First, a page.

It seems that with this column, there is generally a huge gulf between the two answers. Consultant says, there's nothing that can be done, it was a dumb situation for Dave to get into, and try not to do it again. The actual lawyer says that there is a lot that can be done, and gives specifics. What I have learned from this column is that if I have an issue with employment, I should see a lawyer. If I want uninformed but well meaning advice, I can get it free from friends and not have to pay an employment consultant.



alanauer
4 days ago

That's cute. "You're fired. Oh, and because you're unemployed now, you're evicted too."

AlexB2
3 days ago

It looks to me like the new owner is low balling his/her severance offer. It would seem that one month for an employee of 25 years is too low even if the employee was seasonal. The new owner may expect to negotiate. Alternatively they may not understand employment legislation. Sometimes those who run small businesses run afoul of labour laws for this reason.

The employee may have to fight through a provincial labor relations board or the courts to get a better deal. He should try to negotiate a better deal but still look for another job. The availability of alternate employment and how long it takes him to get it will affect how much he gets.

As to the accommodation, while that seems to be part of the employment renumeration, I doubt the new owner can kick them out on short notice. Housing legislation should apply in which case they may have more time to find a place.



LocatisCo
2 days ago

There is a new site called http://www.locatis.ca where landlords and property managers can advertise their rental property.


Squid9
4 days ago

I find the discrepancy between the two answers should be addressed in the article more thoroughly. The lawyer states that the law requires the employer provide severence, pay in lieu etc etc. The second "consultant" blames the victim and advises not to put up a fight and move on. At the very least, should think it is not legal to evict a tenant who pays the rent and does no damage with only 30 days notice. Why wouldn't this employee want to receive what is due to him? There are employment laws in place, according to the lawyer, that are in place for employees protection. Why is the consultant suggesting he just walk away?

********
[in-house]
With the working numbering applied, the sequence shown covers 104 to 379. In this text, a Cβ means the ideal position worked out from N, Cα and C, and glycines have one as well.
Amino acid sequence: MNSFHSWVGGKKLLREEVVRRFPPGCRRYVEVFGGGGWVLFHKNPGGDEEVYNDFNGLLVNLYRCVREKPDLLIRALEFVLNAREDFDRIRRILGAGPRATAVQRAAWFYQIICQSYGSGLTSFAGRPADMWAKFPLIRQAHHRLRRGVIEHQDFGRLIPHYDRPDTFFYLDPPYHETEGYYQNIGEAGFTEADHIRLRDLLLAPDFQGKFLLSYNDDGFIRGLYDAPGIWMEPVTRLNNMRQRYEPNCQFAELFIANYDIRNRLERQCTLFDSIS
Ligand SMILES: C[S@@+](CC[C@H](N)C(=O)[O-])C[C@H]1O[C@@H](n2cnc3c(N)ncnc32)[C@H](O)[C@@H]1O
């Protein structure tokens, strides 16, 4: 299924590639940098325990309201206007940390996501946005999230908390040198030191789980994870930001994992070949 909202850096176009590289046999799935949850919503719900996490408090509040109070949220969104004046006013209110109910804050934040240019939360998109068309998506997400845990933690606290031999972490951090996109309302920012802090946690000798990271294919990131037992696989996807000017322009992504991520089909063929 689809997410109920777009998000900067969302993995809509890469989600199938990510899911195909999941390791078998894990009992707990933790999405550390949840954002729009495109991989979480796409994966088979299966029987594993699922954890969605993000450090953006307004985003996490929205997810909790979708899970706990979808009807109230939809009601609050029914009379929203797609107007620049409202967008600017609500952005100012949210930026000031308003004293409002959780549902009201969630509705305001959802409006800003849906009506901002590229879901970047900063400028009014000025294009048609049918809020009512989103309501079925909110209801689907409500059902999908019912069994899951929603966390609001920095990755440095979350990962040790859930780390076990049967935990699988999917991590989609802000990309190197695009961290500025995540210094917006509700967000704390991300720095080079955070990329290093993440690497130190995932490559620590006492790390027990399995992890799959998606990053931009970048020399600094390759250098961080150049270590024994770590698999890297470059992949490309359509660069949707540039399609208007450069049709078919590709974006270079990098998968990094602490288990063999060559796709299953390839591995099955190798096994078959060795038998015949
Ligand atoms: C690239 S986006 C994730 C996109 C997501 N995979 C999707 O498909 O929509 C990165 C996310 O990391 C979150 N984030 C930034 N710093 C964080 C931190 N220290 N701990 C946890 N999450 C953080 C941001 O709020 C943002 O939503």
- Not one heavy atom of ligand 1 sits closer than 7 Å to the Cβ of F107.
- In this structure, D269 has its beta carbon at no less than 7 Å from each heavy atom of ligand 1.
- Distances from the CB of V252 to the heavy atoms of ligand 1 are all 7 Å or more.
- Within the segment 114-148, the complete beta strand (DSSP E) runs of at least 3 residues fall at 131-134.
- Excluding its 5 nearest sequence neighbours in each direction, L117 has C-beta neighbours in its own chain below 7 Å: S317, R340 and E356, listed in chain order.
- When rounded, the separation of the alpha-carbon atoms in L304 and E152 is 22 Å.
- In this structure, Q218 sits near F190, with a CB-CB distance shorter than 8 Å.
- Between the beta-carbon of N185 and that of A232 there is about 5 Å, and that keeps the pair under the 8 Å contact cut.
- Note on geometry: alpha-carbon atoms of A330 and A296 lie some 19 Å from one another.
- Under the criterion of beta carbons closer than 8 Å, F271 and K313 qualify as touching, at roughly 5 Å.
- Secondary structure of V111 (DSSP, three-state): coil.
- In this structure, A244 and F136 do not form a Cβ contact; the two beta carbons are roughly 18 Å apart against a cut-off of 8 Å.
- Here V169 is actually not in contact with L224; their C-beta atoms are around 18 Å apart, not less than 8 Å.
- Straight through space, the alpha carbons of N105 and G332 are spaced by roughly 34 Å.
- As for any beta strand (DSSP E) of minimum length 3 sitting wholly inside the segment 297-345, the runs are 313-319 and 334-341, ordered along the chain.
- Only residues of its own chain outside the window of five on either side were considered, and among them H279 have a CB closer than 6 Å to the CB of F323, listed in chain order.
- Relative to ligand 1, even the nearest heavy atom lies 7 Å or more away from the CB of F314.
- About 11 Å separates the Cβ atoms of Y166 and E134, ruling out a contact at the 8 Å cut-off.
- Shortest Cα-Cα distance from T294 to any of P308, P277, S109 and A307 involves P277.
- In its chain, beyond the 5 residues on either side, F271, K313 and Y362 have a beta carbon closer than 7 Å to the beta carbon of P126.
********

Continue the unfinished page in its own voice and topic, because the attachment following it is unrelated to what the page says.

1 Reaction



Fred Garvin MP
4 days ago

I'll take answer # 1 for a thousand, Alex ....


Mar. 27, 2017 "On leave, I was told I can’t return to work. Is this legal?": Today I found this article in the Globe and Mail:

THE QUESTION

I am off on medical leave with a torn rotator cuff. Had to wait months for an MRI and to see a specialist, then my employer called in the interim and told me I can’t come back to work. To my knowledge, she has to welcome me back with the same rate of pay and the same amount of hours. Is that true?